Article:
When a writer friend mentioned that he'd met Peter Schjeldahl (pronounced  SHELL-dohl) at a party in Brooklyn, I was deeply envious. I had been writing about my father's Egon Schiele art collection, not just about the art, but so much more—life itself, family, how a writer translates what s/he sees into words. I didn't necessarily want to ask Peter Schjeldahl how to do it, I just wanted to be in the presence of a writer who thought of himself as an art lover more than an art critic. Maybe if we shared a physical space for a few moments, some of his skill would rub into me. I wondered if he used interesting, literary words in his spoken conversation. His columns often sent me to a dictionary, which I enjoyed.  


He wrote for Art in America, 7 Days, The Village Voice and, finally, The New Yorker. Scanning the table of contents of The New Yorker when it arrived, I'd be disappointed if his byline wasn't there. When the magazine re-ran his eloquent piece about dying from lung cancer this week, I knew he was near the end:  




The obituary in The New York Times revealed yet more about him: He wrote poetry before he wrote prose; he went to Carleton College, he considered himself a "miniaturist," writing pieces of a certain length, never anything book-length other than collected essays; he never knew what he was going to say about the art before he began to write. In the writing is the discovery, an artistic act in itself, and Peter Schjeldahl was an artist.





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Checking in on Peter Zalmayev in Kyiv

Peter Zalmayev sitting outside on a peaceful street over the summer. He took this screenshot as we were talking, music playing in the background. © photo copyright Peter Zalmayev 2022 with permission.


This is how my July 7 interview for HV1 with broadcaster Peter Zalmayev began:


9 a.m. EST, Thursday, July 7. Well known Ukrainian broadcaster, Peter Zalmayev, is talking to me on Zoom from a table outside the Sto Rokiv Tomu Vpered Café (translation: 100 Years in the Future) on Volodymyrska Street in Central Kyiv. He's sitting outside, it's summer, jazz is cascading out of the café, and scooters are parked on the curb. "In an ironic way there isn't a better place to be right now than Kyiv," he says.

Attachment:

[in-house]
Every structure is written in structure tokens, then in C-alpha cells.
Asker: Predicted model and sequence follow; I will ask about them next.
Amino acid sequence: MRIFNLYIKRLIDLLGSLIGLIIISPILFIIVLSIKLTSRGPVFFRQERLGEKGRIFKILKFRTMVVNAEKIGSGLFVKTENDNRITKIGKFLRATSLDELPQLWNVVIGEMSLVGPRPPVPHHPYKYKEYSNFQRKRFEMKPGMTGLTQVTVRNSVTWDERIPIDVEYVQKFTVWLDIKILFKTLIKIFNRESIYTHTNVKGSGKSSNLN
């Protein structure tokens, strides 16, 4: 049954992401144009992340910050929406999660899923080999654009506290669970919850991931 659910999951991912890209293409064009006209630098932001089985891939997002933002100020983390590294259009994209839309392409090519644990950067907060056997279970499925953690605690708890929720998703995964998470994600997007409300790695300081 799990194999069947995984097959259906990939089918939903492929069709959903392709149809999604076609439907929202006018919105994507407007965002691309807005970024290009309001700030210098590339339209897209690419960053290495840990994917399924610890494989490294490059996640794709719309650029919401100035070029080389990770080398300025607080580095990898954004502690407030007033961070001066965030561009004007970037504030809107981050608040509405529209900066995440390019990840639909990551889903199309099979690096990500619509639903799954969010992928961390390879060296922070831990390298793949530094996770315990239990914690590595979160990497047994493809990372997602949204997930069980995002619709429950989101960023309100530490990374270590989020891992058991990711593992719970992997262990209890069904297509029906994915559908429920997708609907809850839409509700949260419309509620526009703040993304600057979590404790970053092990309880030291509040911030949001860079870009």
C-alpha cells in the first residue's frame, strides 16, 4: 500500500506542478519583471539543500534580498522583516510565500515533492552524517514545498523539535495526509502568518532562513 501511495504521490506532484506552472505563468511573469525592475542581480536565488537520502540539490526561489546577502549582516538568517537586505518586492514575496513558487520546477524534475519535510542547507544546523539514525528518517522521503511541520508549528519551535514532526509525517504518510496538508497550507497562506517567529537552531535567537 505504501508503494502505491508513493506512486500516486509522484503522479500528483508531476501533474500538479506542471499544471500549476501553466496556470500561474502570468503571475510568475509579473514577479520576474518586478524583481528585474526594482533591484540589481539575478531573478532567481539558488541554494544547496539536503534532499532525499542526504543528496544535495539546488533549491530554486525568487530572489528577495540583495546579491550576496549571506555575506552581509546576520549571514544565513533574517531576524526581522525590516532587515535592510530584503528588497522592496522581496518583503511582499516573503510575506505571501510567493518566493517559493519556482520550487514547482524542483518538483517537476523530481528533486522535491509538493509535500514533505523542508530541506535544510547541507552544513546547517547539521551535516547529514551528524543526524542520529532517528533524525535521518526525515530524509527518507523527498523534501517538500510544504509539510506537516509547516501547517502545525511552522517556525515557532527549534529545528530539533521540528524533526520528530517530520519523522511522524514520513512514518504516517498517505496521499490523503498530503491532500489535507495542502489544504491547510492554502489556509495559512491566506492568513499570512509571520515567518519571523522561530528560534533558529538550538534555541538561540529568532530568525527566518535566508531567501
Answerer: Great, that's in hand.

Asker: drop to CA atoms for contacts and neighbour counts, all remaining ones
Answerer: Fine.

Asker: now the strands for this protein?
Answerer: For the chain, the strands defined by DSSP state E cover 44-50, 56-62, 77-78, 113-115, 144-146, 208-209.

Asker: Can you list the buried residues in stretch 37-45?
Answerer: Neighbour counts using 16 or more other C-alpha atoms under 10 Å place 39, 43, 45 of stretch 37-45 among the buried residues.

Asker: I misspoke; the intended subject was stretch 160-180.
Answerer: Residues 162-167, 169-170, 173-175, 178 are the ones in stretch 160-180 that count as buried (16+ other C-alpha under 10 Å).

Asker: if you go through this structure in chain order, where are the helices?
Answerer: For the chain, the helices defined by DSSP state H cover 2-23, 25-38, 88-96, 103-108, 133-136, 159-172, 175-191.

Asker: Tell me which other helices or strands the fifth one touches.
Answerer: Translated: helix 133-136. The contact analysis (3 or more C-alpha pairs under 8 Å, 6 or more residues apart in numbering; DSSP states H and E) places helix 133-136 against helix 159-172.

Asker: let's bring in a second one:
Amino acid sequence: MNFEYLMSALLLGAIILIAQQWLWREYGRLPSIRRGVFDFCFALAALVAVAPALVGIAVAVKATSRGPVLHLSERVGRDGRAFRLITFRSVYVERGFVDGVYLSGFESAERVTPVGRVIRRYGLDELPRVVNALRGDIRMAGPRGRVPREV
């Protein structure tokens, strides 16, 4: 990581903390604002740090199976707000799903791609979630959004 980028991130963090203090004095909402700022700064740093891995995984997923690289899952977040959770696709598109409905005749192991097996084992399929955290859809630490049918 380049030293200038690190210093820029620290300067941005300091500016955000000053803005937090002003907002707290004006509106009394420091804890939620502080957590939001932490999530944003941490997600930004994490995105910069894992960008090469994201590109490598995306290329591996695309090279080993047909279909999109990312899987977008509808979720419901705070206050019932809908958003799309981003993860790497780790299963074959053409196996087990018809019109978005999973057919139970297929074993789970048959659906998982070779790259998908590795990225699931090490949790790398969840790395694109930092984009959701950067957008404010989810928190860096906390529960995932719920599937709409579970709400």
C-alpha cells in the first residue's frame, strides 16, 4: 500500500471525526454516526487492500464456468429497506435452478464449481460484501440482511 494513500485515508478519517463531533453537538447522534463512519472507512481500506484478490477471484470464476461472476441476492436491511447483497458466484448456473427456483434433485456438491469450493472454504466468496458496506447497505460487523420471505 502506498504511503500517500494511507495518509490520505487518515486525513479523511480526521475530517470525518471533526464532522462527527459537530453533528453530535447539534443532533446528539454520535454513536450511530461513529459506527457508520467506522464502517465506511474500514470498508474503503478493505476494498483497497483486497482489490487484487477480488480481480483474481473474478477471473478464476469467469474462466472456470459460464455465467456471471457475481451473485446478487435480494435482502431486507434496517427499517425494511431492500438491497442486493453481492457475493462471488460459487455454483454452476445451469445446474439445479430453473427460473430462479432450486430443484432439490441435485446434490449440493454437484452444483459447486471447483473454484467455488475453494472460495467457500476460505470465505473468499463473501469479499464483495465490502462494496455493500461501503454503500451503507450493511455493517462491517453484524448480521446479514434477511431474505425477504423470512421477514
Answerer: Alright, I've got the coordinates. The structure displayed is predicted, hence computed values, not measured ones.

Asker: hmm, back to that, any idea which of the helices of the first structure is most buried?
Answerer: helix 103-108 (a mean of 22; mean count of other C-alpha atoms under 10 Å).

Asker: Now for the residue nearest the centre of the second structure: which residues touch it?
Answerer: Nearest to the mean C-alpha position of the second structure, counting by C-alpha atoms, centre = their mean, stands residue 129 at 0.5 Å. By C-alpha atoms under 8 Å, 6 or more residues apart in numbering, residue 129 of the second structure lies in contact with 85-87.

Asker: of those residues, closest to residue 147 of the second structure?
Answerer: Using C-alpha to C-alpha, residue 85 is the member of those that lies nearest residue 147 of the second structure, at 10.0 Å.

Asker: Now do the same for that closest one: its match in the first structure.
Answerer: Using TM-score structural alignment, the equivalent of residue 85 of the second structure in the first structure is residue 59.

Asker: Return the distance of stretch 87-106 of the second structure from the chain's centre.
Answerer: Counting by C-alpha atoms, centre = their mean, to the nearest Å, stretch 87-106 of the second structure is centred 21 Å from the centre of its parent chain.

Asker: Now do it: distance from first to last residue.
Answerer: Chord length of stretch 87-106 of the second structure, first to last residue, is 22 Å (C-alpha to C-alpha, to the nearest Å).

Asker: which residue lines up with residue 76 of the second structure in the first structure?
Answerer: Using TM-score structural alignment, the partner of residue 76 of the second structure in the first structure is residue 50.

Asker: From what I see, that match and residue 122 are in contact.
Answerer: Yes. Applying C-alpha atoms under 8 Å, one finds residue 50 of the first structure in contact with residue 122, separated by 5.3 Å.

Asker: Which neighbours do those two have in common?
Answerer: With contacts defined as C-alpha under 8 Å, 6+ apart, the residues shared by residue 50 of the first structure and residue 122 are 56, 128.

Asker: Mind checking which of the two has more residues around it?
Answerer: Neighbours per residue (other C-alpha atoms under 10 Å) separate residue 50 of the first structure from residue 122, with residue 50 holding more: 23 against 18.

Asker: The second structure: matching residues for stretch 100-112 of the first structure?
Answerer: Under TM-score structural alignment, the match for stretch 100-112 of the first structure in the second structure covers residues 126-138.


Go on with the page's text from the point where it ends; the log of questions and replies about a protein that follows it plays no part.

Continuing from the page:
Since then, I've been following Peter on Facebook, or he sends me texts on messenger with links to his latest interviews. Most are in Ukrainian or Russian. (He is tri-lingual.)  This week he did two interviews in English, one for the BBC World Service, and one for French television. So, he's alive, he's still broadcasting. Thank goodness. But the peaceful hiatus is over.


Always, an interviewer must ask, "How are you? How is your family?" Peter is living in a war zone and talking to him is not about ratings. Everyone who has interviewed him knows this, and respects it. He evacuated his family when the war started, brought them back over the summer, and has evacuated them again. His children used the playground in central Kyiv that was hit by a rocket and now has a huge crater. No one was hurt or killed in that particular location, at least. 


When asked directly about his family, Peter's reply is, "They are elsewhere." He is broadcasting again from a bunker, wearing what looks like a winter jacket and a baseball hat. It's cold down there as it will be throughout Ukraine this upcoming winter, cold in the metaphoric sense, too, without the end of war in sight.


It's difficult for those working and/or simply hoping every day for world peace and disarmament to think about more weapons and more lethal weapons for Ukraine, about the training of thousands of civilians to fight and kill, and the ever present threat of a nuclear cataclysm. But it's obvious, from where I sit, as a child of refugees from genocide, that Putin's war against Ukraine is a genocidal war—as it was against Chechnya—and  that he must be stopped, somehow. It took too long to stop Hitler, the genocide in Rwanda, Assad in Syria, to name just two other atrocities. Put your finger on the map of the world blindfolded and you will find continuing global escalations of cruelty and violence and war on every continent, including our own. Then stop and take a walk into a meadow or a forest. Talk to the cows, the porcupines, the chickens, the owls, the bees. All these creatures, and then some, are wiser than us.


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What We Save, What We Throw Away


What We Save, What We Throw Away